The shepherd requested to see the idol. The priestess refused. He told her what was happening. She refused. He described in detail, tears welling up in his eyes, the suffering inflicted upon their people. Still, she refused. The price was too great, she said. He protested still. If no atrocity could warrant the ceremony, what use was the idol? Again, she refused.

He said she should at least watch the end of the people she betrayed. She nodded solemnly, and walked to the mouth of the cave. She saw the town, saw the fires, heard the screams on the wind. Then she saw darkness as the shepherd smacked a rock upon her skull, caught her falling body, and laid her gently on the ground, whispering apologies and repentance.

To be continued…

Goddess of Old, Part II

Continued from Part I.

As the speck drew closer it became an ugly, angular shape, belching out black smoke. Nothing like the gentle sails that pulled the islander’s boats. They had never seen such a vessel before.

Like those on other islands now conquered, they did not know this was a steamship from a far-away empire. Like many before them, they did not recognise the black spikes that studded the vessel’s hull. They quickly learnt that these were guns that could knock down the town’s walls from a distance, set fire to homes and murder children.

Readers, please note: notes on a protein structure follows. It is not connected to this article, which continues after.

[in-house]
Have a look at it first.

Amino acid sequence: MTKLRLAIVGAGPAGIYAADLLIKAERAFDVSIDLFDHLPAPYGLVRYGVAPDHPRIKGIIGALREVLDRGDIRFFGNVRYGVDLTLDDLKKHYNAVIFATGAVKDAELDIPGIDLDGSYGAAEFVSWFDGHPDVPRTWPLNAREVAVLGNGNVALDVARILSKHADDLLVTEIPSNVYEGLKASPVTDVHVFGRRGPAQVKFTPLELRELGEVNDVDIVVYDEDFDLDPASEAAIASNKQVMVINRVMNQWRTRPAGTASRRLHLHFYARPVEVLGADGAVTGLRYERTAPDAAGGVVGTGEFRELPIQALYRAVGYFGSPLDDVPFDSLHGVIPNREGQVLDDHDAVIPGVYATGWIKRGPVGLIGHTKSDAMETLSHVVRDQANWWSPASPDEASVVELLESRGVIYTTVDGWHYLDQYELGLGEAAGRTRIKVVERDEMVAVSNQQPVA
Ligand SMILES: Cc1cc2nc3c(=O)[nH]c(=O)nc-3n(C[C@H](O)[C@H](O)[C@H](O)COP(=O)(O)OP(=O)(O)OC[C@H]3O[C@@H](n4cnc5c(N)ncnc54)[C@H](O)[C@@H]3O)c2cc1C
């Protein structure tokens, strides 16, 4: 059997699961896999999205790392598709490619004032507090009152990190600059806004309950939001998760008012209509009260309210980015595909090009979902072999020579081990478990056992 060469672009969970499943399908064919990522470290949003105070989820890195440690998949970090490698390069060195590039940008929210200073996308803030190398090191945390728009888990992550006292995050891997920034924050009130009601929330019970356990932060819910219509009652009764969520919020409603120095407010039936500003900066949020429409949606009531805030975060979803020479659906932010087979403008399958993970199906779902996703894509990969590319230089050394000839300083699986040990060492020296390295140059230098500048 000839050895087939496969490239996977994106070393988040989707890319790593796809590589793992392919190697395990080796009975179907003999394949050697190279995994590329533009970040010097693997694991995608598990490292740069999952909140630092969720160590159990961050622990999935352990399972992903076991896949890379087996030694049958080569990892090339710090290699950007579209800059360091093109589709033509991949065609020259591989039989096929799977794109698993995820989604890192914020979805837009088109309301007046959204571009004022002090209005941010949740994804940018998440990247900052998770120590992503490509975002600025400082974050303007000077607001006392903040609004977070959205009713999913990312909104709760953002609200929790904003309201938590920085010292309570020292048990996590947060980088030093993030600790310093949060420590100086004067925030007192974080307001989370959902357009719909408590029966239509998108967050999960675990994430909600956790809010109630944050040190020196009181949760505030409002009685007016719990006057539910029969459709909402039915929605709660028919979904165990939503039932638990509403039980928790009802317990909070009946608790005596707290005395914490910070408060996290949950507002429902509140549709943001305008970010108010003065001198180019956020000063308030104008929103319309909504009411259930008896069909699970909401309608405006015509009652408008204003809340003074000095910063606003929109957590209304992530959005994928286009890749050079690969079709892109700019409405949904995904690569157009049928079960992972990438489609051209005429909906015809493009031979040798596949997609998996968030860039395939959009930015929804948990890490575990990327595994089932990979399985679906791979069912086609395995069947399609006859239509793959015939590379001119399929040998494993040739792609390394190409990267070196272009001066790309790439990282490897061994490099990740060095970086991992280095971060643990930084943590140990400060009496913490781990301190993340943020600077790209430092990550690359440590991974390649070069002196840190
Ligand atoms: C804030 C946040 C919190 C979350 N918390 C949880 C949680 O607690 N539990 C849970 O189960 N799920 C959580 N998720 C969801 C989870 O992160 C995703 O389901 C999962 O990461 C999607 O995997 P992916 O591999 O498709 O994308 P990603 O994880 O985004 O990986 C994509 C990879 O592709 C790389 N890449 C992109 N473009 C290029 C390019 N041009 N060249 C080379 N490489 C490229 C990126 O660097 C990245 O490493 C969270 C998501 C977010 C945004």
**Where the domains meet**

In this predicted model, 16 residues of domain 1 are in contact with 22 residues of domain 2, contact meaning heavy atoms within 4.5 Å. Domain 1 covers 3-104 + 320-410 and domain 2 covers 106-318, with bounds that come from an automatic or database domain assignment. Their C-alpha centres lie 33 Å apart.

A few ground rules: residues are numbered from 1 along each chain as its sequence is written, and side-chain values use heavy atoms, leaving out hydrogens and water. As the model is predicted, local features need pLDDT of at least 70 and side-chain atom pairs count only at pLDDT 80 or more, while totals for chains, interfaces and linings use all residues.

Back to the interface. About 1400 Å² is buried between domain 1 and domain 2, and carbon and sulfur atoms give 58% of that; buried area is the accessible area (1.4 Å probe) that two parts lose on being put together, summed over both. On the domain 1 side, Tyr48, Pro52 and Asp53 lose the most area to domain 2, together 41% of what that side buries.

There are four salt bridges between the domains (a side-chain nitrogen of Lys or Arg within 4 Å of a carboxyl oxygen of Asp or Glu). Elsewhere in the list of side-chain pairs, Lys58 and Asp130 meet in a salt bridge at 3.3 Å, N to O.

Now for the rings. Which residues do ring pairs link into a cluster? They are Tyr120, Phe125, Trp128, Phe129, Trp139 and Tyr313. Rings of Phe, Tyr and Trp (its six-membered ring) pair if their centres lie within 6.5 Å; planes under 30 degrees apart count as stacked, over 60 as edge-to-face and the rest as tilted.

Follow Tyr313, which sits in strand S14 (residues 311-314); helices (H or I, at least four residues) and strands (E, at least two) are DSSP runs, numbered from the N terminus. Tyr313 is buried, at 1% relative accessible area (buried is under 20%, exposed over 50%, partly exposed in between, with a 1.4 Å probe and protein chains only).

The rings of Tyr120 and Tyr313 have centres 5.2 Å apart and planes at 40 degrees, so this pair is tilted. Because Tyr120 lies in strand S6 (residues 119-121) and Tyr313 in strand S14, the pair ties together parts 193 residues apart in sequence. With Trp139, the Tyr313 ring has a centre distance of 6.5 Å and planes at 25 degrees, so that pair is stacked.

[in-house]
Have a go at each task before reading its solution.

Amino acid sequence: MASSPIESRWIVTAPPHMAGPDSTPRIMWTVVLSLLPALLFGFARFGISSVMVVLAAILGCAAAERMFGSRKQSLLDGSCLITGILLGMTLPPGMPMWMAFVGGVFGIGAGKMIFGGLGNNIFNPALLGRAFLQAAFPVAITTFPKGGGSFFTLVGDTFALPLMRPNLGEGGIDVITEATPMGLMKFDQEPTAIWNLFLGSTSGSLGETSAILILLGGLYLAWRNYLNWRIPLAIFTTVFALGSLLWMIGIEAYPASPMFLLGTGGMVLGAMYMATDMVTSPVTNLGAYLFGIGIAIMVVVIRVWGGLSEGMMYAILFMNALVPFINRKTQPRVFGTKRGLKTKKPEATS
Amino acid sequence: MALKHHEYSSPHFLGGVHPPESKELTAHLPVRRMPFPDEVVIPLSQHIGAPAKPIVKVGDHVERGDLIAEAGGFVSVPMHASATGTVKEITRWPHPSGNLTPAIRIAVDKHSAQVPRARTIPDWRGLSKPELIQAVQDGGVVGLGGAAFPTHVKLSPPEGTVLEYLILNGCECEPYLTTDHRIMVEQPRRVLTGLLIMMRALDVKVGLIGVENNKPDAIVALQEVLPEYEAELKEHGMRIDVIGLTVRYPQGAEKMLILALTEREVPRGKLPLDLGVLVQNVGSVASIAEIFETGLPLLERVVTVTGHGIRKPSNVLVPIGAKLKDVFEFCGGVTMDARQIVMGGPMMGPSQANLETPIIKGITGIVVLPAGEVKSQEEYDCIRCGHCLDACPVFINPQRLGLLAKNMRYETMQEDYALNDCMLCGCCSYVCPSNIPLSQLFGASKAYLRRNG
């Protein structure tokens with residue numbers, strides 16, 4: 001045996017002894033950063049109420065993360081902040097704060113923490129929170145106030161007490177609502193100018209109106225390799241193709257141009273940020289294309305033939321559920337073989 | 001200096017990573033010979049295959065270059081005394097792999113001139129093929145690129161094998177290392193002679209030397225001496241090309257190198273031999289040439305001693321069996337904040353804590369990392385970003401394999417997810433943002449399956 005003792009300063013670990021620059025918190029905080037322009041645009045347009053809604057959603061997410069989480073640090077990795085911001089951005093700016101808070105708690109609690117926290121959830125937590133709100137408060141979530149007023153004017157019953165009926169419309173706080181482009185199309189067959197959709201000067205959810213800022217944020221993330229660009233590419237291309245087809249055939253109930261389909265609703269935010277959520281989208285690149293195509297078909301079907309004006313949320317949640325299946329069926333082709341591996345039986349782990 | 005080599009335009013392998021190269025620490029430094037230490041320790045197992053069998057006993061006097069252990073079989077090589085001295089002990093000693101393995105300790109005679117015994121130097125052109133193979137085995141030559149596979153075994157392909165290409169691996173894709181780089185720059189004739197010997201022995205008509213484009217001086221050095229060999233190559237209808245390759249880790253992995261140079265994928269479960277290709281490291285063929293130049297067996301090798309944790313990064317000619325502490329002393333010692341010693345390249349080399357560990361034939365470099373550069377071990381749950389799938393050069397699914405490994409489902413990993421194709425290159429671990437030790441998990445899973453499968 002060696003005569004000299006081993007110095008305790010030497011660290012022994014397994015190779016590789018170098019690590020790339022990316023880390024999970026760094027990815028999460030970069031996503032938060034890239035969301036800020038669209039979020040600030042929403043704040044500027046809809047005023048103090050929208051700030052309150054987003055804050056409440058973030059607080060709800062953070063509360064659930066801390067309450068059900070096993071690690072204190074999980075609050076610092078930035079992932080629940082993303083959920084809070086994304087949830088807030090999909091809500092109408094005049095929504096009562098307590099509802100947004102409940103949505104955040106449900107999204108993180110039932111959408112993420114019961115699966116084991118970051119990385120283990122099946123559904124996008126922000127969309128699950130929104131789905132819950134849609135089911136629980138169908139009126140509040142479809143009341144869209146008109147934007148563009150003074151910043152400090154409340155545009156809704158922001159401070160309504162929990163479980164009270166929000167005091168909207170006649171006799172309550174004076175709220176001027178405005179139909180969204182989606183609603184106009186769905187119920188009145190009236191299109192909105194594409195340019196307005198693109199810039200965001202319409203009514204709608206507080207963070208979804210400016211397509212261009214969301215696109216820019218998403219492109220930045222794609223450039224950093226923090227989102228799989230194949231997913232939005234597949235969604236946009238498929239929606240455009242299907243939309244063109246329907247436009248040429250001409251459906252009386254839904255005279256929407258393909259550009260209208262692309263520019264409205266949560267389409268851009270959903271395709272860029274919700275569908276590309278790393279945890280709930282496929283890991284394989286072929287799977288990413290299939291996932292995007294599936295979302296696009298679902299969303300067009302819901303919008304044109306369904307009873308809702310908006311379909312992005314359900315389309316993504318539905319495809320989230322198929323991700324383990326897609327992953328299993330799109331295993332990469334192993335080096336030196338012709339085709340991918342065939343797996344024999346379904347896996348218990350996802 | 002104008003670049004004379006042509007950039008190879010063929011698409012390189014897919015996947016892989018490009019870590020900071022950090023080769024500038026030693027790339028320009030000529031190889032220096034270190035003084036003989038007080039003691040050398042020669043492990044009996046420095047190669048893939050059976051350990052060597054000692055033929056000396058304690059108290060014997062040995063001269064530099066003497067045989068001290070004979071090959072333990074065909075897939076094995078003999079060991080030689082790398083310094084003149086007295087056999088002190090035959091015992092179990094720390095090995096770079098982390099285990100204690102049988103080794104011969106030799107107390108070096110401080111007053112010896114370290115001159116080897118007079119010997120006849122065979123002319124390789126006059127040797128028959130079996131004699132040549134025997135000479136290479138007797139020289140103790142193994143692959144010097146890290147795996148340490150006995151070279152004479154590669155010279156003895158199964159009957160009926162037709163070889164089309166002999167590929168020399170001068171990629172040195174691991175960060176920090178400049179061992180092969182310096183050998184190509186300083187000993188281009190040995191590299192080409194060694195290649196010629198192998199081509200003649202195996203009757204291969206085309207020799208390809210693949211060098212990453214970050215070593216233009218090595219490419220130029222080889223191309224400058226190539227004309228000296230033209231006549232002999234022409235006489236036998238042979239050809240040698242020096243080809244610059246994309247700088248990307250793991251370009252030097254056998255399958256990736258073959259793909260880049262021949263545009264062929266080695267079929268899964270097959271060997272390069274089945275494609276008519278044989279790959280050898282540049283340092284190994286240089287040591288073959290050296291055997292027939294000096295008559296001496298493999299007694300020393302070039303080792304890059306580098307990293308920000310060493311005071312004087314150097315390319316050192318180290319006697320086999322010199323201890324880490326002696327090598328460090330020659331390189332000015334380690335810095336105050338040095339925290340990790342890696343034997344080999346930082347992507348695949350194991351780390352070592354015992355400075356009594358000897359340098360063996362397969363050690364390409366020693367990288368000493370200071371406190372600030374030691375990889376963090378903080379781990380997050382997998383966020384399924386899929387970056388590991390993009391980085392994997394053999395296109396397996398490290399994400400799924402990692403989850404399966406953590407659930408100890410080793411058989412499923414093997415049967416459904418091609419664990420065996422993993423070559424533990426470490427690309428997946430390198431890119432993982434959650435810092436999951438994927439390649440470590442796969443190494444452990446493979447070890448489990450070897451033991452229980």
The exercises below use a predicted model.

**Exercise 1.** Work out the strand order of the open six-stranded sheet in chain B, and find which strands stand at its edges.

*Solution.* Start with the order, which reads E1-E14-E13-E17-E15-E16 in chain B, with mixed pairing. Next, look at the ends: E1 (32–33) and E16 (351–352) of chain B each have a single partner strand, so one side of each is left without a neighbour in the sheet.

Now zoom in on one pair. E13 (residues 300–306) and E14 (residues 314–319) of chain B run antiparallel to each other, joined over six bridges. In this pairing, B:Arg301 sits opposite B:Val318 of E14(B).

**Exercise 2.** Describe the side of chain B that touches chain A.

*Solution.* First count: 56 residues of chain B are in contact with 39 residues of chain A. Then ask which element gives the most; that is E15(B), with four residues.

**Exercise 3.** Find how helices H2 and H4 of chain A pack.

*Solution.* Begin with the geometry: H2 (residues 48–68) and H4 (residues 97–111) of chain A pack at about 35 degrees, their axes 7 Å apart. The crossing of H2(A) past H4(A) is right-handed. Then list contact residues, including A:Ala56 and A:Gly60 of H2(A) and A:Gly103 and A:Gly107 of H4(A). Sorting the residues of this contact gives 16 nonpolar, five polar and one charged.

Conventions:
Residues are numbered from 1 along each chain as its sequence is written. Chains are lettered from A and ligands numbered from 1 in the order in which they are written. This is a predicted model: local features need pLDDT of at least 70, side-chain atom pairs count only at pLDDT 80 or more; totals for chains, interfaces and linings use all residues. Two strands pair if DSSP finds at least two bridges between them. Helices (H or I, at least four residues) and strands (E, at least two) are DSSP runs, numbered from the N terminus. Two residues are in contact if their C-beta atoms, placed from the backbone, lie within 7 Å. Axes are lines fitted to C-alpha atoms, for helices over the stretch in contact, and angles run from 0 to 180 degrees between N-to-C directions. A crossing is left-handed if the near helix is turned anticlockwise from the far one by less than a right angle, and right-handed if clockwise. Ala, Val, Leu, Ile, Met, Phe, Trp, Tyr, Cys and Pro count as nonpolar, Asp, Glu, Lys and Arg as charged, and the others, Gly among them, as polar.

A group of the island’s strongest stood on the beach to meet the little boats that were vomited from the sides of that unexpected devil. The strongest were brave, but they were hunters used to running after prey, butchers who knew only the guts of small animals, and fishermen whose virtue lay in patience. They stood, they fought, they fell. The modern men came ashore.

Matching, brightly-coloured clothes, with gaudy baubles, spiked boots and long, metal rifles that spat fire. Shiny blades cut down all who did not submit. The meek and the mild-mannered were herded into lines, chains tightened around their necks.